Proteins were excised from 1-D or 2-D gels and subjected to in gel tryptic cleavage [6]. Resulting peptides were desalted [6] or separated on a SMART HPLC system (Pharmacia, Uppsala, Sweden) equipped with a 1×150 mm 300SB-C8 column (Hewlett Packard), at a flow rate of 30 μl min−1, and using a gradient of 0–50% B in 75 min (A=0.1% TFA and B=95% acetonitrile containing 0.09% TFA). Detection was at 214 (main), 280 and 254 nm. Before MS analysis, peptide fractions were pooled, dried in a Speedvac, re-dissolved in 80% formic acid and diluted (10-fold) with 50% acetonitrile in water. Mass spectrometric analysis was performed in a Micromass Q-TOF electrospray instrument (Manchester, UK). After the initial peptide scanning, individual peptides were selected for further fragmentation. The final analysis of the fragmentation pattern was made with the aid of Biolynx Peptide sequencing software.

3 Results and discussion

Fluorescence microscopy of biotinylated samples of B. sorokiniana demonstrated an extensive labelling of the ECM of germlings and hyphae (Fig. 1). No intracellular labelling was detected. Conidia showed weak or no labelling. Fluorescence of non-biotinylated hyphae was negligible.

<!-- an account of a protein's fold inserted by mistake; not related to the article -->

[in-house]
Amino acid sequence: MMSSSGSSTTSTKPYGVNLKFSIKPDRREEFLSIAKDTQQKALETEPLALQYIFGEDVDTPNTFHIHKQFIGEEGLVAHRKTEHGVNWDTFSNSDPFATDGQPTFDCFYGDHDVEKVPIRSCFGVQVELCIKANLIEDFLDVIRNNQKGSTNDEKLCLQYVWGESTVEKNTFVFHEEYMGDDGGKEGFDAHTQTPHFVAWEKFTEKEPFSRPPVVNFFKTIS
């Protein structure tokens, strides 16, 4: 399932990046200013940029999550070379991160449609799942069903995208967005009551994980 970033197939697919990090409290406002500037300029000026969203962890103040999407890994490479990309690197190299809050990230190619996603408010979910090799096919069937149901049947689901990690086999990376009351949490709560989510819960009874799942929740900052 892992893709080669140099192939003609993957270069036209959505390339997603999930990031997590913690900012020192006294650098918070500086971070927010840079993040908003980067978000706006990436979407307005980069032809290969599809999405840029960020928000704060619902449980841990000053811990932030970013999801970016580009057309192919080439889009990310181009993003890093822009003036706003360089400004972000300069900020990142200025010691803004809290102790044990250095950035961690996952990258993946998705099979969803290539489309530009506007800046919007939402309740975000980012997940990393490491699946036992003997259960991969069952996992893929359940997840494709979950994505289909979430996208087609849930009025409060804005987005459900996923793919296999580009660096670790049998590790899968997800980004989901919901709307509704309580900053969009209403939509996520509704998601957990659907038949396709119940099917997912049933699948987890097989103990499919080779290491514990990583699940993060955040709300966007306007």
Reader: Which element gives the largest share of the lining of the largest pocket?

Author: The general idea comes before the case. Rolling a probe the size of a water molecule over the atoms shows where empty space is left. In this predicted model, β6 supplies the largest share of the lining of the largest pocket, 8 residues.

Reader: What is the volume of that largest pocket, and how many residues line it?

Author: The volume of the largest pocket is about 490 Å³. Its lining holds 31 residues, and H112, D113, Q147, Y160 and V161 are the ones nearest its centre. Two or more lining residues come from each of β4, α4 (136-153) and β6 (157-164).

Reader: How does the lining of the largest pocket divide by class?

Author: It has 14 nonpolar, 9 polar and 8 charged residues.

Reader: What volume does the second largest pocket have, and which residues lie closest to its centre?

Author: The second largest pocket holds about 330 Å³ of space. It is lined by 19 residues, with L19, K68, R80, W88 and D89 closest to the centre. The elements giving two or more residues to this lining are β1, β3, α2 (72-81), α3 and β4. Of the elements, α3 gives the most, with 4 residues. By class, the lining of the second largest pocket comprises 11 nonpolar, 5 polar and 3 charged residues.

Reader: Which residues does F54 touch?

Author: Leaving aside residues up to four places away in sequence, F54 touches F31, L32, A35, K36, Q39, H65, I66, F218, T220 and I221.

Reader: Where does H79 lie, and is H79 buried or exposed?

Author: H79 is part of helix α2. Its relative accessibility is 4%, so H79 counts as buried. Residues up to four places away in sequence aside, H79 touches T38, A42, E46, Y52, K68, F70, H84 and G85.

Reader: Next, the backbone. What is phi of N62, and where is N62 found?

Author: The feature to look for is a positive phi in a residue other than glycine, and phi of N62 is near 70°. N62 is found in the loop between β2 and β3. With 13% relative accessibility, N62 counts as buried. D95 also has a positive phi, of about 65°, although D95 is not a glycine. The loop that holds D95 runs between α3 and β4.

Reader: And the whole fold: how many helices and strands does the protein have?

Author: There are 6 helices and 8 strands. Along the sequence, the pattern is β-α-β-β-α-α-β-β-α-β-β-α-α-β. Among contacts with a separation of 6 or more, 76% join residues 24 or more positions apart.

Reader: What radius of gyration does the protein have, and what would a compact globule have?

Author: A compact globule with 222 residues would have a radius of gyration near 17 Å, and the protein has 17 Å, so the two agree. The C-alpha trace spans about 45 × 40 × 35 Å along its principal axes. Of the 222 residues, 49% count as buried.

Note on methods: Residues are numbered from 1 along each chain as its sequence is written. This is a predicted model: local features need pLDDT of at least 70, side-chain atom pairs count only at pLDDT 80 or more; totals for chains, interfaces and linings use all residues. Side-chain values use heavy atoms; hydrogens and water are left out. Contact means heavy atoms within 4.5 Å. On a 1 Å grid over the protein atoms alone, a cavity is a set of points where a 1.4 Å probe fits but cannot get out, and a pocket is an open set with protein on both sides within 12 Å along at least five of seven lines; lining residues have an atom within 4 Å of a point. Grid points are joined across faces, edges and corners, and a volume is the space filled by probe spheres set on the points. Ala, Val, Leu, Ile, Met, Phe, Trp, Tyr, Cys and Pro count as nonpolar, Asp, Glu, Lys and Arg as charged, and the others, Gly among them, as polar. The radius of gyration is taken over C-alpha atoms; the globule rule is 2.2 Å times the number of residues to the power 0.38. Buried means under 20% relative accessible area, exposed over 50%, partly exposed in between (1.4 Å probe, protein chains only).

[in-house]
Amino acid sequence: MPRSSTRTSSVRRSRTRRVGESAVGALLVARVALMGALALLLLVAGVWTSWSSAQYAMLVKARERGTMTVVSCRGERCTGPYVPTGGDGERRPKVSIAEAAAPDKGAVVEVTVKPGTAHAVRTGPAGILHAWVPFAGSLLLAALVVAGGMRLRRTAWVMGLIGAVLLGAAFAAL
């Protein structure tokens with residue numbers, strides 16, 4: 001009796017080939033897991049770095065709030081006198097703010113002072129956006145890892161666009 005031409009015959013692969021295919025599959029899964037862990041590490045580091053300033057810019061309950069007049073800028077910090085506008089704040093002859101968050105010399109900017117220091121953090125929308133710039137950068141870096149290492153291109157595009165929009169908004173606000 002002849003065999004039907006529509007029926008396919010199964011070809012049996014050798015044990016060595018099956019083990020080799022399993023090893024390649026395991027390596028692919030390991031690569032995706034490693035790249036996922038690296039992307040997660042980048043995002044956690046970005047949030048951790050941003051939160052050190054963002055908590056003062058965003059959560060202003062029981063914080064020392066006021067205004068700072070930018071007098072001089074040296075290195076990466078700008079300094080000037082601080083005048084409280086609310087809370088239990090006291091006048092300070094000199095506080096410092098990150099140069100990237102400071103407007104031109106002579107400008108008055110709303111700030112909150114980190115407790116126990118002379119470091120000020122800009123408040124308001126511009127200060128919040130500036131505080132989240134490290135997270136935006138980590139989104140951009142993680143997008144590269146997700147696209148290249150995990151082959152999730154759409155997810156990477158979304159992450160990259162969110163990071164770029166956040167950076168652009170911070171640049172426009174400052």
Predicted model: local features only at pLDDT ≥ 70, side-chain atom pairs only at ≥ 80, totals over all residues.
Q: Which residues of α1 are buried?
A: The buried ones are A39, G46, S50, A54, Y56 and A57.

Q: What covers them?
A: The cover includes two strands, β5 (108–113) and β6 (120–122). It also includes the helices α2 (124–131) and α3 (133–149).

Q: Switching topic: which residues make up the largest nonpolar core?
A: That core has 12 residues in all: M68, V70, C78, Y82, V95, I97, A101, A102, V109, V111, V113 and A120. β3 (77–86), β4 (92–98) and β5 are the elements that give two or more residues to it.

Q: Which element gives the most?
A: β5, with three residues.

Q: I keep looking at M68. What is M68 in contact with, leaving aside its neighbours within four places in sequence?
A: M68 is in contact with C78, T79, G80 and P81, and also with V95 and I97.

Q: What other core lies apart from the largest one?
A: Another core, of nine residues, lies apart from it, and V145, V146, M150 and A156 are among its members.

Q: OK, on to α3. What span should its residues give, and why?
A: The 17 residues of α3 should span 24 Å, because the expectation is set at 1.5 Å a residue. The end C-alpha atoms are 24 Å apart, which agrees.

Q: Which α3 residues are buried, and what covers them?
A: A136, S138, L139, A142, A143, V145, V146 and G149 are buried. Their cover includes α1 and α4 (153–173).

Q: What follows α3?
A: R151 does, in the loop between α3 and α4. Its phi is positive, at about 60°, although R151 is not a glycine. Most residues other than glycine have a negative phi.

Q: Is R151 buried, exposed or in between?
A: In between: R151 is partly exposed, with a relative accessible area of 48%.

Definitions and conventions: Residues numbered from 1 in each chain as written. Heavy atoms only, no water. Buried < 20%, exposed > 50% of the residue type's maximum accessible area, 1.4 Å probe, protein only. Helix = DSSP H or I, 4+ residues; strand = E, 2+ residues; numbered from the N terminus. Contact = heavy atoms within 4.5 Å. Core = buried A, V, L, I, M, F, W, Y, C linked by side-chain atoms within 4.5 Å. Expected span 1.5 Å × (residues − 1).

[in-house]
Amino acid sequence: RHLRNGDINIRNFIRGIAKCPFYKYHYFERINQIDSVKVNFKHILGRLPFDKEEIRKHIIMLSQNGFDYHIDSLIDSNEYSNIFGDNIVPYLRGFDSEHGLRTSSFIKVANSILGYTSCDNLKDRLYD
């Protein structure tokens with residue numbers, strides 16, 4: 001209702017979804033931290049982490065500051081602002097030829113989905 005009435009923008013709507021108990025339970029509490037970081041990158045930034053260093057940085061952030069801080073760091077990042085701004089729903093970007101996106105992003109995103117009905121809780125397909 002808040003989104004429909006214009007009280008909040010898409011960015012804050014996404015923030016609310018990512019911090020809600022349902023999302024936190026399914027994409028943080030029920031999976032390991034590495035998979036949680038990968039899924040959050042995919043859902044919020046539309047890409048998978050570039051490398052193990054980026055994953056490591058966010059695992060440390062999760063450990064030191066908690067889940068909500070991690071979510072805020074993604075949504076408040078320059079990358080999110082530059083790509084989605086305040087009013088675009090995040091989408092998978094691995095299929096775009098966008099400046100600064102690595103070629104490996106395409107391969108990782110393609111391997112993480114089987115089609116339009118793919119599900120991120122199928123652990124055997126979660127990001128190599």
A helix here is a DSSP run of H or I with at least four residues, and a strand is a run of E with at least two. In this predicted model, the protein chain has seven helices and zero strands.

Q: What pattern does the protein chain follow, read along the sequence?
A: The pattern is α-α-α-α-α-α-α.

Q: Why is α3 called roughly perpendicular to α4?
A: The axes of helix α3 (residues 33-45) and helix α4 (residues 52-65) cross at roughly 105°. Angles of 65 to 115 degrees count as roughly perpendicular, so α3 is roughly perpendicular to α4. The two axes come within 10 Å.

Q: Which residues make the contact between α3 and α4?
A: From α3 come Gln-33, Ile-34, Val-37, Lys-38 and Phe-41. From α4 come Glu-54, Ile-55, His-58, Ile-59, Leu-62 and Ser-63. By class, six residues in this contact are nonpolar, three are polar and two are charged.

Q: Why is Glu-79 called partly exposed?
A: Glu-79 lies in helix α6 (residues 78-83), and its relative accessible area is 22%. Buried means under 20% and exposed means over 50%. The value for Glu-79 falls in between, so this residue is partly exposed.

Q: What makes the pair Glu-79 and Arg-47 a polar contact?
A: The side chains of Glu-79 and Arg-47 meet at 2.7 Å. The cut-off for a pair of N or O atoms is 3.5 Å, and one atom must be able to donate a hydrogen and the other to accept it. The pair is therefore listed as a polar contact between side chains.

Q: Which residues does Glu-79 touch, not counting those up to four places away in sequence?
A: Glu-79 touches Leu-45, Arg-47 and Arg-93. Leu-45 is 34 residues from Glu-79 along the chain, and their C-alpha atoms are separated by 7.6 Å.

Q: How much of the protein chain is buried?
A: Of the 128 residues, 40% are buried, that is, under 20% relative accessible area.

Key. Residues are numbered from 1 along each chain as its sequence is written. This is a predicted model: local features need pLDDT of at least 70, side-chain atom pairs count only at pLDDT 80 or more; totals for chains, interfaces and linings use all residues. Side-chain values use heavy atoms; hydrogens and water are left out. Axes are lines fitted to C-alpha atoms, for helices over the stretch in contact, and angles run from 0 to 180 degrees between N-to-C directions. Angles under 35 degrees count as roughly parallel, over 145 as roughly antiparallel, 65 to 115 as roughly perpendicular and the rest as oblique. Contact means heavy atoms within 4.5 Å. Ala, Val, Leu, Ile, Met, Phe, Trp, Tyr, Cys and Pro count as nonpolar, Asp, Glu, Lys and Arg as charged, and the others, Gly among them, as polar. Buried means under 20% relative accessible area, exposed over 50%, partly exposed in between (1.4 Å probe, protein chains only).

Figure 1

Visualization of biotinylated proteins in the ECM of B. sorokiniana. (A) Germlines incubated on glass surface for 3.5 h; (B) corresponding light micrograph; (C) hyphae from 1-day-old mycelium incubated in a liquid medium. The fungus was biotinylated, probed with anti-biotin-FITC and examined with fluorescence microscopy. Bar=25 μm.

Attempts were made to extract biotinylated ECM proteins using buffers of alkaline and acid pH values, since it has been demonstrated that strong bases and acids can dissolve the ECM layer of B. sorokiniana [3]. All extracts, except the one using a glycine–HCl buffer (pH 2.2), had complex patterns of fuzzy protein bands (Fig. 2). Extracts made using the glycine buffer, previously used for extracting cell surface proteins of Helicobacter pylori [7], showed at least seven distinct protein bands (molecular masses corresponding to ca. 39, 42, 52, 82, 95, 125, 140 kDa) and were repeatedly observed (Fig. 2, lane 6). Several of these bands were also present in the SDS/Tris extracts.